The E-Sylum:  Volume 11, Number 11, March 16, 2008, Article 23


On Tuesday evening I attended the March dinner meeting of
our Northern Virginia numismatic social group.  We're still
searching for a name, but I was having so much fun I forgot
to propose my latest suggestion: "Nova Nummis".  The "Nova"
is short for "Northern Virginia".  I thought "Nova Nummis"
had a nice alliteration and the feel of a classic Latin
inscription like colonial U.S. coins.  Or should it be
"Nummis Nova"... ?

We had a nice turnout.  Roger Burdette had a family conflict
but the regulars were all there with the addition of Mike
Packard as a guest of Bill Eckberg.  Mike's a longtime
collector of half cents and Massachusetts coppers. The
regulars included myself, Wayne Herndon, Joe Levine, Dave
Schenkman, Tom Kays, Chris Neuzil and Bill Eckberg.

Tom was our host, and he picked a nice upscale restaurant
called The Lamplighter.  We were serenaded by a piano player
who should have stuck to playing rather than singing.  But
the food was great (as was the company).  The table was
decorated numismatically - Tom had brought two large round
potmetal trivets with images of the obverse and reverse of
the Morgan Dollar.  Tom pointed out that the date of March
11 was 130th anniversary of the first striking of the coin
in 1878.   Tom also passed around two Morgan silver dollars
in plastic display cases distributed in the 1960s by American
Savings Bank.  The coins had toned beautifully over the years.
Someone remarked that these were in a way the "first
slabbed coins."

The talk of slabbing led to a discussion of the strange turn
of events with the rotating staffs of coin grading companies
ANACS and ICG.   Dealer Wayne Herndon reported on the recent
Baltimore show, which was a huge success.  On Saturday he had
eight employees selling coins as fast as he could buy them,
and no one had downtime long enough to eat or use the restrooms.
What a market!

Bill Eckberg showed off highlights of his half cent collection
in the form of nice images on his iPhone.  It's a great way
to share your coins with people without actually having to
take them out of secure storage, especially when some are much
too valuable to carry around.

I passed around some numismatic literature, starting with my
copy of Eric Newman's new book on Fugio coppers, which had
just arrived the day before.  No one had seen a copy yet.
I also had on hand the 1877 volume of the Coin Collector's
Journal, which I had taken off the shelf to make an image of
an article Ron Abler needed for his research on Centennial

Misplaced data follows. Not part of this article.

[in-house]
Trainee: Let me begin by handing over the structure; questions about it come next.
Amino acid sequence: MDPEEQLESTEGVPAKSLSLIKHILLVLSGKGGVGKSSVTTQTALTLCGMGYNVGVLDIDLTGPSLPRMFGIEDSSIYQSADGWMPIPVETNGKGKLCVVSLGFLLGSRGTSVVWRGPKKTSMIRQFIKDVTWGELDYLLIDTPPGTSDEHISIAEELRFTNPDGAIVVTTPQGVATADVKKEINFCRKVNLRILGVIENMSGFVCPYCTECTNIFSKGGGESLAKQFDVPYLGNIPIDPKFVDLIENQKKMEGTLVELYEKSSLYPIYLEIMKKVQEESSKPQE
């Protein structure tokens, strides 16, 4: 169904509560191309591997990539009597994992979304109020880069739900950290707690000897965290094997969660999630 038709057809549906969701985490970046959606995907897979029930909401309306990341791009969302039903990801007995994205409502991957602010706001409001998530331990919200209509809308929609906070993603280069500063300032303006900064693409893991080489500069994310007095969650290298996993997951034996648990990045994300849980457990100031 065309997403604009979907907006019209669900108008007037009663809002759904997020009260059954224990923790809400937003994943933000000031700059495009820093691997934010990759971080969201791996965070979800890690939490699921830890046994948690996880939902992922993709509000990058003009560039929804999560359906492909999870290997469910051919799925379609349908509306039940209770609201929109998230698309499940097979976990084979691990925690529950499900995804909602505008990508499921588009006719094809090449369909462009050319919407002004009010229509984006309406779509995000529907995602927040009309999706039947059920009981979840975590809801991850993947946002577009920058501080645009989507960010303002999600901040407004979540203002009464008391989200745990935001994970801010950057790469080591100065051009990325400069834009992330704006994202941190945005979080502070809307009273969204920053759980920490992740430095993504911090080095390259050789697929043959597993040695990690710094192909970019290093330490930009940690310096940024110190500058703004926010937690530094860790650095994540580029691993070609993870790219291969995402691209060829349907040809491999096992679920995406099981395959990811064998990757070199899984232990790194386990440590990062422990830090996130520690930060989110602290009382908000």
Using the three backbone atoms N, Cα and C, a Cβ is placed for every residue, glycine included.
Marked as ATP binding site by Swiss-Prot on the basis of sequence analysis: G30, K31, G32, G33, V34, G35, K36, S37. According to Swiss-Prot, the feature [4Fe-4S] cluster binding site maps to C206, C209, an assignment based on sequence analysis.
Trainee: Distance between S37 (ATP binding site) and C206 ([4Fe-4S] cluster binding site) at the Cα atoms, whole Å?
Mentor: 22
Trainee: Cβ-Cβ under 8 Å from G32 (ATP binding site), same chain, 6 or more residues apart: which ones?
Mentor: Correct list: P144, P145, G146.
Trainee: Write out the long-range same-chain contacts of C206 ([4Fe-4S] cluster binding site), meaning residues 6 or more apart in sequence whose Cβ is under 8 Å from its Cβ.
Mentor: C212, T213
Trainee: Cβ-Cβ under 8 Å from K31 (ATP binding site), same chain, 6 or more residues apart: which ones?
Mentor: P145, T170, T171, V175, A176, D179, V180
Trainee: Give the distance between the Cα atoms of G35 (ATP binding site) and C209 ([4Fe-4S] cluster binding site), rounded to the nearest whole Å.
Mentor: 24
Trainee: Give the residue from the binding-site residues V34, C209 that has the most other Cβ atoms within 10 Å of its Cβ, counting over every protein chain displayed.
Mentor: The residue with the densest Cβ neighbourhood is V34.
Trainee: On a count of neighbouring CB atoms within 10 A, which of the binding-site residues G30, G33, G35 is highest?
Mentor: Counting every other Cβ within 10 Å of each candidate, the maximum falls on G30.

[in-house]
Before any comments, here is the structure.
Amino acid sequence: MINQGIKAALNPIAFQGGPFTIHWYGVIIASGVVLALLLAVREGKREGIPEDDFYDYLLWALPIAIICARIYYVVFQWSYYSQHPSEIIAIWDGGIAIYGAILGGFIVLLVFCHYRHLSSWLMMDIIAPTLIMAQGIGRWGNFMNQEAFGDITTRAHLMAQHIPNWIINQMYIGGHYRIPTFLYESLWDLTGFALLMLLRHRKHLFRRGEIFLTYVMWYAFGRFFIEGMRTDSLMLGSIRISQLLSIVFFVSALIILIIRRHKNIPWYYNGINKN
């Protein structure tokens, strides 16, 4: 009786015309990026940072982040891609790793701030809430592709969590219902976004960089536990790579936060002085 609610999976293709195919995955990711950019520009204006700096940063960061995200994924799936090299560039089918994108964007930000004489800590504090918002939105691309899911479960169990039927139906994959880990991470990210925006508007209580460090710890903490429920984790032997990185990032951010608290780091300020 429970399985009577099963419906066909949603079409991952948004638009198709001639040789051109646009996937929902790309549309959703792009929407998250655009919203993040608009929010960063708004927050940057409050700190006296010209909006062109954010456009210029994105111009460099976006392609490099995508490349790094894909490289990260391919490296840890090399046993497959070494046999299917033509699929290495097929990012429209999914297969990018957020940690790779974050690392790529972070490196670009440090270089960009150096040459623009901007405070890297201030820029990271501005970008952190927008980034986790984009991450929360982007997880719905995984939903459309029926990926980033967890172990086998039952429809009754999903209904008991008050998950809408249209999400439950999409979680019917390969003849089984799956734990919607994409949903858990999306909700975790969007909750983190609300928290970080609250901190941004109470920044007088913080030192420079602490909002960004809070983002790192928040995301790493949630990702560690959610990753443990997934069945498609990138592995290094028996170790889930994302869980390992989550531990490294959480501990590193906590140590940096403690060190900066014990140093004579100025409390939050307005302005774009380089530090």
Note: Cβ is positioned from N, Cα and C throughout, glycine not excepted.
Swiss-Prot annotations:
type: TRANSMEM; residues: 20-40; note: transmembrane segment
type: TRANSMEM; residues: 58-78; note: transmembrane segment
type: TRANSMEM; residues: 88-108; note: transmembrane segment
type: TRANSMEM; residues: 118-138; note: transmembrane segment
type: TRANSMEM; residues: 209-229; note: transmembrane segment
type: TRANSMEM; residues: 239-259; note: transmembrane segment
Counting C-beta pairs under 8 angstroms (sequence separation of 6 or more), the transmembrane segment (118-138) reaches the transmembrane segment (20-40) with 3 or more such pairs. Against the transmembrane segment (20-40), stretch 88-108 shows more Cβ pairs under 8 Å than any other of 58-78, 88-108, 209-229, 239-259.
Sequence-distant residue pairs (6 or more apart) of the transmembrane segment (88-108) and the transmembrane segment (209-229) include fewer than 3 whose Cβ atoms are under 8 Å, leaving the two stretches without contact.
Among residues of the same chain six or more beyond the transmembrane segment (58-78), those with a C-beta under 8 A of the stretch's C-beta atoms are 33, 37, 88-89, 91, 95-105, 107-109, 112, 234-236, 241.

medals.  Other literature included recent club periodicals -
The Token and Medal Society (TAMS) Journal, the Society of
Paper Money (SPMC)'s Paper Money, and the Brasher Bulletin
from the Society for Private and Pioneer Numismatics (SPPN).

Tom brought copies of a March 1860 Harper's Magazine article
on coin collecting written by W.C. Prime.  Of interest to
bibliophiles are Prime's mention of recently-published numismatic
books and pamphlets, including Dickeson's "Manual of American
Numismatics", Humphrey's "Coin Collector's Manual", and Bushnell's
"Arrangement of Tradesmen's Cards, Political Tokens, Etc."  Tom
highlighted an interesting passage in the article where Prime
pooh-poohs the fad of variety collecting: "The recent mania for
coin collecting had led to the demand and payment of enormous
prices for some pieces of copper which will, in a few years'
time, be regarded as worthless.  Of this class are all coins
whose value depends on errors in the dies, such as the E Pluribs
Unum of New Jersey, or an Auctobi of Connecticut."  Tom also
passed around a display case with a number of St. Patrick's
coins, in honor of the upcoming St. Patrick's Day.

While some people had to hit the road, others lingered for
some time, continuing the numismatic conversation and fellowship.
It was exactly the kind of relaxed gathering of fellow coin
geeks I'd hoped for when starting the group.  We're already
looking forward to next month, where Bill Eckberg will host
a meeting in Old Town Alexandria.

[While we were having our meeting down in Virginia, up in New
York E-Sylum regulars Joel Orosz and Len Augsburger were giving
their presentation at the American Numismatic Society on
paintings of the first Philadelphia Mint.  Len writes: "Everything
went really well.  They taped the presentation and will be making
a DVD which, I assume, will be available to order in a few weeks.
Afterwards we had a delightful dinner with Ute and Bob Hoge."

  Wayne Homren, Editor

Google Web
The Numismatic Bibliomania Society is a non-profit organization 
promoting numismatic literature. See our web site at

To submit items for publication in The E-Sylum, write to the Editor 
at this address:

To subscribe go to:
Copyright © 2005 The Numismatic Bibliomania Society.



Copyright © 1998 - 2020
The Numismatic Bibliomania Society.
All Rights Reserved.
NBS Home Page
Contact the NBS webmaster